FDA Action on Gluten-Free Food Labeling Expected Soon

Shopping for BreadThe safety of our food supply is a major concern for most Americans. Where does our food come from, how is it farmed and prepared and can we trust the information that is given to us on the packaging and store displays? With so many consumers watching what they eat and paying attention to the contents of their packaged foods, the FDA (Food and Drug Administration) has finally stepped up to the plate (so to speak) to provide regulations for the labeling of gluten-free products.

Gluten-free foods are foods, of course, that are free of “gluten,” a protein that is present in wheat, barley and rye. While this protein is a natural part of the grain, it can cause health problems for people who are sensitive or allergic to it. Ingesting gluten, for some, can cause an autoimmune response that then spirals into a host of physical ailments, including bloating, vomiting, and stomach pain. For people who have celiac disease, gluten causes the production of antibodies that then attack the lining of the person’s stomach. Those who suffer from celiac disease must eat a diet free of gluten. According to the University of Chicago Celiac Disease Center, celiac disease affects at least 3 million Americans and if left untreated, can result in osteoporosis, infertility, neurological problems and cancer.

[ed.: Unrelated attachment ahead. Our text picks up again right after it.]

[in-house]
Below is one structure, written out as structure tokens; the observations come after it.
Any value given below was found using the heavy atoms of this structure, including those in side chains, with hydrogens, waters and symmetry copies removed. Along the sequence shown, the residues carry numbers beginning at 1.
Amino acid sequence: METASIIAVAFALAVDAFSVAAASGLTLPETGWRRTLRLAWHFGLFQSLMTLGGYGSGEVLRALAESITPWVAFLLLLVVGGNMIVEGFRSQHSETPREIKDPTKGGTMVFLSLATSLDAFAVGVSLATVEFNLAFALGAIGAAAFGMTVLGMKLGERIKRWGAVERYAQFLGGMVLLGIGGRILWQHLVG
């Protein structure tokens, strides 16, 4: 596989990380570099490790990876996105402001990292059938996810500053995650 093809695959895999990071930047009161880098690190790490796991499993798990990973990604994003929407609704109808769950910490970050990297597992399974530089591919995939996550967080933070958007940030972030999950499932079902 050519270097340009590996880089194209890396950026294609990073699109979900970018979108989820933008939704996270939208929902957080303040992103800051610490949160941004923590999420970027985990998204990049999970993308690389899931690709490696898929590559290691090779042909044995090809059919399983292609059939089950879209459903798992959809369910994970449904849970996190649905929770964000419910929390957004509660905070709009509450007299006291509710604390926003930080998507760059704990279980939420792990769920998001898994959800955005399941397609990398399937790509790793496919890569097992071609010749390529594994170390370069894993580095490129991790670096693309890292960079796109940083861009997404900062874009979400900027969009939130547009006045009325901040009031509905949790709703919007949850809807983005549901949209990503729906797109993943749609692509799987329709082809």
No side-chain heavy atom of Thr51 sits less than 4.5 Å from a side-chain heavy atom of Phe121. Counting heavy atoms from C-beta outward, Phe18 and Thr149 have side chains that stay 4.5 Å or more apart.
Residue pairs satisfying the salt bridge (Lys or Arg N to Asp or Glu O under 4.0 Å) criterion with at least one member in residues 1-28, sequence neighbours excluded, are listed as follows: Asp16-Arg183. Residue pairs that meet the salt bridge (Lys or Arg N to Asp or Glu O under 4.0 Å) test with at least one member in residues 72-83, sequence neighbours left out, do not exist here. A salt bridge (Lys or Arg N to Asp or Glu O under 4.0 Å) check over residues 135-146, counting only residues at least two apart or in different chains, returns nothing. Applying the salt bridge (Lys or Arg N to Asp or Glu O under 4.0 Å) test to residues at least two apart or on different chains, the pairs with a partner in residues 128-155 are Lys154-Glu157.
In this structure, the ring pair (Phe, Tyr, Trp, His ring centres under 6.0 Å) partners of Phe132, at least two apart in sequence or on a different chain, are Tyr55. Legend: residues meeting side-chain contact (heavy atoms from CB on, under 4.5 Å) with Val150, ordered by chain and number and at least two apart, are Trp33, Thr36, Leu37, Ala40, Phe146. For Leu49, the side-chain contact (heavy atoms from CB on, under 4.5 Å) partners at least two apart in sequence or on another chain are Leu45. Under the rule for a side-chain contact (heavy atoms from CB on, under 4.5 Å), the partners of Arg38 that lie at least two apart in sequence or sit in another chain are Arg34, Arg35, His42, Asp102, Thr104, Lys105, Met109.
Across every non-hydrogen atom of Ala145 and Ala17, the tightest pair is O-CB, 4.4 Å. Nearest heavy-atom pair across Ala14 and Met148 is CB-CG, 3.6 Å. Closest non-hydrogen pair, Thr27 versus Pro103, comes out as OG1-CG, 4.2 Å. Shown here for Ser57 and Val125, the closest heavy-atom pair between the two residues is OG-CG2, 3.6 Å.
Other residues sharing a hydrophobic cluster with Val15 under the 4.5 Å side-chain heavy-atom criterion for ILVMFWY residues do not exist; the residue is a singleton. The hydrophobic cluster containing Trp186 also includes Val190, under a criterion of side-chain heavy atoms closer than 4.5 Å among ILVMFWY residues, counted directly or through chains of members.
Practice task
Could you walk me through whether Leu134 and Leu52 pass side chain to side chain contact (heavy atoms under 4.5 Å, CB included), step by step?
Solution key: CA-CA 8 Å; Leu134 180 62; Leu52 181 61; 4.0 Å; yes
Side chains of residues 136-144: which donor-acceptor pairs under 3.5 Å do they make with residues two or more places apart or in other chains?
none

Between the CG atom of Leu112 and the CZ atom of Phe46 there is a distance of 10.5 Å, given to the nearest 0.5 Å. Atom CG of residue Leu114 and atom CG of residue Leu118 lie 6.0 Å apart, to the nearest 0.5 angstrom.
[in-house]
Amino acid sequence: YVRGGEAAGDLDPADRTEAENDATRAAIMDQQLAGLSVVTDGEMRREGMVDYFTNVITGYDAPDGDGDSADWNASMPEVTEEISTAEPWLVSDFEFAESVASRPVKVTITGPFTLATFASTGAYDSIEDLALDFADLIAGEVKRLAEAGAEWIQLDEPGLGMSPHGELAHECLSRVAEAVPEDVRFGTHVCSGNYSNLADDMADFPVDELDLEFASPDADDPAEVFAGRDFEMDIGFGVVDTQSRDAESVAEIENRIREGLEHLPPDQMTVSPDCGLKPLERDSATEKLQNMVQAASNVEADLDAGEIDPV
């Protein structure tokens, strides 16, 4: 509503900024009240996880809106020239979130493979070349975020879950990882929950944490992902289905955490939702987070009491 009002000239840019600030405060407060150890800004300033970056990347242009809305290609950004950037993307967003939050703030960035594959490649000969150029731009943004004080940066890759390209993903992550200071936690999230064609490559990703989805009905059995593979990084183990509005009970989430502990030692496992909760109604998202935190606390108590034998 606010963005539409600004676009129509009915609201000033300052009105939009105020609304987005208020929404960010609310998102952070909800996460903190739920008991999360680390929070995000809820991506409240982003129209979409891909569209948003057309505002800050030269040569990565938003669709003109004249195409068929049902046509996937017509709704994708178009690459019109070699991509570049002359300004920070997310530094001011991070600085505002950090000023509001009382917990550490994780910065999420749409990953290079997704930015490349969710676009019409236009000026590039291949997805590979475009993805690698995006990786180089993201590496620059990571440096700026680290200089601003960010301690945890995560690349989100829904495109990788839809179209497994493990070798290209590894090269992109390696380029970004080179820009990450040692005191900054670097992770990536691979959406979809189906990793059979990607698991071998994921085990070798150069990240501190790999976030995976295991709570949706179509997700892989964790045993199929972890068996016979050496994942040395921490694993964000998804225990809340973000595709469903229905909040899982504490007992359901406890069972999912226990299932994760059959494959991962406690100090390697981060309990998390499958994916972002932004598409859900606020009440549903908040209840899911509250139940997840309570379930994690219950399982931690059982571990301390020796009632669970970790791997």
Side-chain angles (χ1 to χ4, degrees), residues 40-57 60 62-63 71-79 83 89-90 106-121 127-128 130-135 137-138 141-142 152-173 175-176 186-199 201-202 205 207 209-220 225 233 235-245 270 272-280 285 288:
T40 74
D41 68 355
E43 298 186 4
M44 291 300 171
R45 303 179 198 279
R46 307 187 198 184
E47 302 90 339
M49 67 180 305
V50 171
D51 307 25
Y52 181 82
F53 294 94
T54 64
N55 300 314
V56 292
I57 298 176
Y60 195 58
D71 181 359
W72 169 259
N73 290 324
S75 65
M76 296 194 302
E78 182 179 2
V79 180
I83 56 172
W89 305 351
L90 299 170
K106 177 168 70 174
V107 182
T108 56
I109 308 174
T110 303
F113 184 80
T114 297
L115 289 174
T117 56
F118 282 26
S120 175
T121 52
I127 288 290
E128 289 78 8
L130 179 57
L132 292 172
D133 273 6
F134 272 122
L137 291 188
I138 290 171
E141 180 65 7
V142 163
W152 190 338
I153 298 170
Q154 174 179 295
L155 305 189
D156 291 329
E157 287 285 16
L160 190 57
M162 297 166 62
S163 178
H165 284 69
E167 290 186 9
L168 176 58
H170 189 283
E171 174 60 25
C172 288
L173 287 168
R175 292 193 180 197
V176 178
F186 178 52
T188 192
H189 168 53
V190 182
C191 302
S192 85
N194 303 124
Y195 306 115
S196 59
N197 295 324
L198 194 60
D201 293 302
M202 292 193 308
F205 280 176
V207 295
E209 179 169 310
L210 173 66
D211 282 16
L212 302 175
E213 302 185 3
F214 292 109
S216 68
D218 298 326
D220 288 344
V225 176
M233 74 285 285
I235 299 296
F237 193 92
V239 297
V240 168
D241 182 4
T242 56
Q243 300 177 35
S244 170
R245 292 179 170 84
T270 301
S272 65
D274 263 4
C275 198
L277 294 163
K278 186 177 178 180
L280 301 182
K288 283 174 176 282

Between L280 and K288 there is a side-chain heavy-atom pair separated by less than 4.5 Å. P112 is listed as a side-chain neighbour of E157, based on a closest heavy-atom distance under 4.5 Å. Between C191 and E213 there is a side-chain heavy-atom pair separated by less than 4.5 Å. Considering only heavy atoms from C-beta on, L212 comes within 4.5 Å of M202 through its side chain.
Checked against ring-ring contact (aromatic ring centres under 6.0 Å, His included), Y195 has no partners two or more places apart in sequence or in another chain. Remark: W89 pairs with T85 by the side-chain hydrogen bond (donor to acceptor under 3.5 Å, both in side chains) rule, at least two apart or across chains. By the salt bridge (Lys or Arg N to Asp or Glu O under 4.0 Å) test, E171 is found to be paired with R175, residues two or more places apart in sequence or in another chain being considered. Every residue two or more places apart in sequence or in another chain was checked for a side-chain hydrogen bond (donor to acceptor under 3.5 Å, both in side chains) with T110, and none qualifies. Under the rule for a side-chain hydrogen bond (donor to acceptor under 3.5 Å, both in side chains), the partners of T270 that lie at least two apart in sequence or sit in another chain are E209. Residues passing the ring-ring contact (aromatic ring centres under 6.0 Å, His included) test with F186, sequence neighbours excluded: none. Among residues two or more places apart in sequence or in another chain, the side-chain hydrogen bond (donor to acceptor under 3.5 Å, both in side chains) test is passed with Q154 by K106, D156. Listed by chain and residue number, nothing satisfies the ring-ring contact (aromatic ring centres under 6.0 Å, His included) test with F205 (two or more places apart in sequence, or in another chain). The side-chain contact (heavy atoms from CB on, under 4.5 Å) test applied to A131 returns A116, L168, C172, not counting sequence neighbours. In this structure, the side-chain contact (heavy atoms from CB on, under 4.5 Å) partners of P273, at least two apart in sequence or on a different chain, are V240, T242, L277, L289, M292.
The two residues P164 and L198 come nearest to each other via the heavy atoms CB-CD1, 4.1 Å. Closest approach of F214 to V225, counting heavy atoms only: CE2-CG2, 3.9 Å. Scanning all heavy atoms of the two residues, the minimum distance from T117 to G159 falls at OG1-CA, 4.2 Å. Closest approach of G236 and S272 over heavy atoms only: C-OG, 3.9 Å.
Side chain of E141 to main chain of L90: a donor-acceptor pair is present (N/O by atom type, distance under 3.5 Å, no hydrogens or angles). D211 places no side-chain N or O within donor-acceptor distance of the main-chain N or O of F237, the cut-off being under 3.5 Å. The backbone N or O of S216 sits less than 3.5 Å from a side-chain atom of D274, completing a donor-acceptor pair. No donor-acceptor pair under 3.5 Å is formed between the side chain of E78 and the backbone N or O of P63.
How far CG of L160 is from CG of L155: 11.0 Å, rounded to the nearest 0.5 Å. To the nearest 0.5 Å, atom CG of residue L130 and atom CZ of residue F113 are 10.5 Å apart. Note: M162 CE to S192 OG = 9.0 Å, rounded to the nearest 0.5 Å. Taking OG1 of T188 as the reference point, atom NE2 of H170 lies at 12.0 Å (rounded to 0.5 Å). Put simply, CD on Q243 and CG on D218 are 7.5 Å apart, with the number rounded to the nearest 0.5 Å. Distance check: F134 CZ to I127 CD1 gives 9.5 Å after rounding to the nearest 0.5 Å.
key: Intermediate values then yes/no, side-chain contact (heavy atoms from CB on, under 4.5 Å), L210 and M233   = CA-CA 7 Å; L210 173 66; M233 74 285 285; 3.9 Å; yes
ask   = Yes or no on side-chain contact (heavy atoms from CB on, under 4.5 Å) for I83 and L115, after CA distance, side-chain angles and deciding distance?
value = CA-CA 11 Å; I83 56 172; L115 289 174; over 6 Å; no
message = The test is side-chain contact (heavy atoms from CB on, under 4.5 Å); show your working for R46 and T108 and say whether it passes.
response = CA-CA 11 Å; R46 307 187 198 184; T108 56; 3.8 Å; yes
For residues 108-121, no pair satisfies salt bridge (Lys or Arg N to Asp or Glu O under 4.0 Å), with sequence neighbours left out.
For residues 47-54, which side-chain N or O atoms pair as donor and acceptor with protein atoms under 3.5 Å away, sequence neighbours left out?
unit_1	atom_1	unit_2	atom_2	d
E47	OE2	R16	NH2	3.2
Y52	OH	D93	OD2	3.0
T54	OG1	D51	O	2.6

The Current State of the Law

The Food Allergen Labeling and Consumer Protection Act of 2004 went into effect in 2006 and has made it possible for those with celiac disease to determine from a label whether or not a product contains wheat, and therefore is likely to be unsafe to eat. There are many holes in this regulation, however, as rye and barley also contain gluten and these grains are not required to be disclosed on the label.

The Next Step for Gluten-Free Labeling

The FDA is now set to implement new labeling requirements for gluten-free products. The new requirements are expected to ensure that products so labeled will not contain gluten at levels more than 20 parts per million (the level below which measuring tools become unreliable, according to the FDA). Celiac advocates are hoping the FDA will lower the definition of gluten-free to between 5-15 parts per million (ppm) as measuring methods have greatly improved and current methods are capable of reliably detecting gluten at such low levels.

The new requirements are currently under review by the White House and a final action is expected later this month (March 2013).

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